German pinot noir reveals itself

Published by Sally on November 18, 2011

Ihringer Winklerberg, Baden

Ihringer Winklerberg, Baden

Germany has long kept secret its world class pinot noirs, or spätburgunder, though over the past few years has been slowly letting in the rest of the world on these wonderful wines.  Indeed, they hit the headlines in the UK recently, when German versions of this grape variety hauled seven out of the top ten spots in an international blind tasting, tasted almost solely by UK trade folk.

It surprises many to learn of the extent of pinot noir in Germany. It was only after the planting boom in the USA that followed on from the 2004 Sideways film, that Germany’s increasing plantings of pinot noir fell into third place. It has 11,300 hectares, behind the USA’s 15,000 hectares and France’s 30,000 hectares, (including the 13,000ha that go into producing Champagne).

At this modest, medium-term increase in plantings, pinot noir, which also ranks the third most planted variety within Germany, is beginning to give the country’s most planted grape variety, riesling, a run for its money.  Plantings of second-placed rivaner (Müller Thurgau), declined by a third in the decade to 2010, whilst spätburgunder increased by more than 20% in the same period. At this rate it will be only a couple of years before spätburgunder moves into the number two slot.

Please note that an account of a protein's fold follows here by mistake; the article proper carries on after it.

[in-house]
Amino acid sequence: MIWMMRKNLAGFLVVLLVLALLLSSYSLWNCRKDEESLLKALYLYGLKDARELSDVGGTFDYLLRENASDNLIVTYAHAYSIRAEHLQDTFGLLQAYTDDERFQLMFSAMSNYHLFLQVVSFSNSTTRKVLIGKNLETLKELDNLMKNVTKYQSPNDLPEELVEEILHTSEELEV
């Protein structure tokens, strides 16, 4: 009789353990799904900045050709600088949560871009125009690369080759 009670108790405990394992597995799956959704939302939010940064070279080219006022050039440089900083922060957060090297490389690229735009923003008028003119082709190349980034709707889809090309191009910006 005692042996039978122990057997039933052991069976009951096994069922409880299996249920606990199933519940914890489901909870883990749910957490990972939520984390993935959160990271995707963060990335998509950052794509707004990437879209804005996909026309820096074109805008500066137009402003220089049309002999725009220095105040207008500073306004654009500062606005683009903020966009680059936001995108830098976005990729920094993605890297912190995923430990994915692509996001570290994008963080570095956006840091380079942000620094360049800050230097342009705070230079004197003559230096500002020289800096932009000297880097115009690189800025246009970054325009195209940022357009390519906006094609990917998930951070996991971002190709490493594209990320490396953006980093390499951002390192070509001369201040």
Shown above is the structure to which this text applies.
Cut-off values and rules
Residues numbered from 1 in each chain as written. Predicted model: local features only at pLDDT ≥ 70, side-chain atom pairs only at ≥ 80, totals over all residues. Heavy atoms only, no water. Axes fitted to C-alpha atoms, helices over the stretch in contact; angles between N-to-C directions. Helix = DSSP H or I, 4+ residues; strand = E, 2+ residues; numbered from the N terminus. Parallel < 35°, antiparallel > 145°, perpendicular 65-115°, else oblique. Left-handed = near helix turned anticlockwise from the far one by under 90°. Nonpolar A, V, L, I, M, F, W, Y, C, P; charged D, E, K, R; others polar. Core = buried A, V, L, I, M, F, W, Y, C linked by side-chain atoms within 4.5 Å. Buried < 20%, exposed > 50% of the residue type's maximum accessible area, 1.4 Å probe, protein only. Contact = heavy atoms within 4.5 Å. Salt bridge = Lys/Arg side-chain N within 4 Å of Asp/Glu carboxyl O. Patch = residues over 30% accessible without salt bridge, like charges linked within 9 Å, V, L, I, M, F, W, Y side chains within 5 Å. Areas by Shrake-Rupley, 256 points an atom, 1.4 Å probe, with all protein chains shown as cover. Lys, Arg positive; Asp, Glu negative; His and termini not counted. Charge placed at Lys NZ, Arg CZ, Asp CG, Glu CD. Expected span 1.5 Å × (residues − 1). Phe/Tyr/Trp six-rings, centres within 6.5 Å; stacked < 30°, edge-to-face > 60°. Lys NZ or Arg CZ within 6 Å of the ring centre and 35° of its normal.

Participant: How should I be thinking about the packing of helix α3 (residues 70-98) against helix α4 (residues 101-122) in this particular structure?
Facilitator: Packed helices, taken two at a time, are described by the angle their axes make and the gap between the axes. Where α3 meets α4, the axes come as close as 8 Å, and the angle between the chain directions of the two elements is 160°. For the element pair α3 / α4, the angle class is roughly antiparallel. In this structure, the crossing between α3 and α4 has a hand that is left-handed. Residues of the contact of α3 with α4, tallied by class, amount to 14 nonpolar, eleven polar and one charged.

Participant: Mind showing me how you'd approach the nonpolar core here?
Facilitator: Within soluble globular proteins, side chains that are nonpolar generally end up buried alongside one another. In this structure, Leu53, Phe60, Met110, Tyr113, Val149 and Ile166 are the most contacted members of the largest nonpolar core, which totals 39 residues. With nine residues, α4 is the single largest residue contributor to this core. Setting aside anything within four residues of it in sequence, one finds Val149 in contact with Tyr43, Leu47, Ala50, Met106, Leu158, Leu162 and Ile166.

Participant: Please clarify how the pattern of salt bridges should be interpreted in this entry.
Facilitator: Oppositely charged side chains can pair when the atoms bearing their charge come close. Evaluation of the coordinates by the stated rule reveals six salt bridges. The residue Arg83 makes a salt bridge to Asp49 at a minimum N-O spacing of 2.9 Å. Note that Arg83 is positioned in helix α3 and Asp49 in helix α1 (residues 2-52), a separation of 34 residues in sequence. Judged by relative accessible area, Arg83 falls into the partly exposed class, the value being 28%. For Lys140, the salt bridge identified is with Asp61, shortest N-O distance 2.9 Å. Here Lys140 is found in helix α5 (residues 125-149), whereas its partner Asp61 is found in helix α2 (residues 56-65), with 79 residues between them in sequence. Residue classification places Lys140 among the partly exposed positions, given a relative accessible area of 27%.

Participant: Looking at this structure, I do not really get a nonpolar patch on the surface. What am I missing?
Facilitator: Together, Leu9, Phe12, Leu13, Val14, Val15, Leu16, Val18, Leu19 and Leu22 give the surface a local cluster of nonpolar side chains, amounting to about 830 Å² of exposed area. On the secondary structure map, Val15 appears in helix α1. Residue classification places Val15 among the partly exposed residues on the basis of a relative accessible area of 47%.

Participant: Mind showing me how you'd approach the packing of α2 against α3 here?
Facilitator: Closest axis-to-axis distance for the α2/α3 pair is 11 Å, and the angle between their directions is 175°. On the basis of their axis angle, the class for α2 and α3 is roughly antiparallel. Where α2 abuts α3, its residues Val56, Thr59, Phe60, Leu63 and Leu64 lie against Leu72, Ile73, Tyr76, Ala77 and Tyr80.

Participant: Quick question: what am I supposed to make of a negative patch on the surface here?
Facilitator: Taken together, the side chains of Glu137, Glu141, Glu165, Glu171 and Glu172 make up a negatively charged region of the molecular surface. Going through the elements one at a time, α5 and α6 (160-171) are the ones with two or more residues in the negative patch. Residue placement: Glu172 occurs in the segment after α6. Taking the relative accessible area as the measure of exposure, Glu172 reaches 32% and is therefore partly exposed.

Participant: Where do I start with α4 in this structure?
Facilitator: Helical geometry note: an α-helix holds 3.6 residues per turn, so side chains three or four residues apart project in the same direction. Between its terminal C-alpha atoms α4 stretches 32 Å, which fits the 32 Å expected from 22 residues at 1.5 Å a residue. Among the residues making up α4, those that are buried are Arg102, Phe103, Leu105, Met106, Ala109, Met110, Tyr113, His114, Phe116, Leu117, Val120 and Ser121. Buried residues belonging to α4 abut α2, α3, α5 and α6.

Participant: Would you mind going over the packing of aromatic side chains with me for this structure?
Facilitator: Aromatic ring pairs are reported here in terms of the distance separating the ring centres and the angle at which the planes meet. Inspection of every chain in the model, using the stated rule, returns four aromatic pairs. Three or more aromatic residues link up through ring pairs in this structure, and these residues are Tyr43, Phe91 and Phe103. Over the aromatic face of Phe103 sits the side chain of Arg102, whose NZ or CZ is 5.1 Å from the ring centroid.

As to where pinot noir is grown in Germany, more than three quarters of is found in just three regions – Baden, with 5,743 ha, Pfalz, with 1,588ha and Rheinhessen, with 1,363 ha.  Baden is a 50km eastwards hop across the south-north flowing river Rhine from Alsace, whilst Pfalz and Rheinhessen are a geographic northward extension of the Alsace vineyards on the left bank of the Rhine. So the variety hasn’t migrated too far from its Burgundian origins. Indeed it had been the Cistercian monks who brought the variety to Baden in the 13th century from Clairvaux in Burgundy.

In the south west corner of Germany, Baden alone accounts for more than half of pinot noir plantings. And it is the volcanic, Kaiserstuhl mountain where the variety performs its best. This southerly region gets the best of the sunshine and is warm by cool, northern European standards.  Warm air is also drawn up from the distant Mediterranean sea, crossing the Belfort Gap, or Burgundy Gate, which is a lower lying plateau between the southernmost end of the Vosges mountains and the northern end of the Jura mountains.

Kaiserstuhl, almost uniquely in the wine world, has limestone melted into the volcanic lava, so pinot noir was a good bet to plant here. Arne Bercher of Weingut Bercher, whose family have been making wine in the Kaiserstuhl for over 300 years, explained “pinot noir does nicely in Kaiserstuhl because of the minerally volcanic soils. It is something that sets this region apart from Baden and the rest of Germany.  The wines have higher ageing potential” he added “and take longer to develop.”

Tasting notes, in situ, August 2011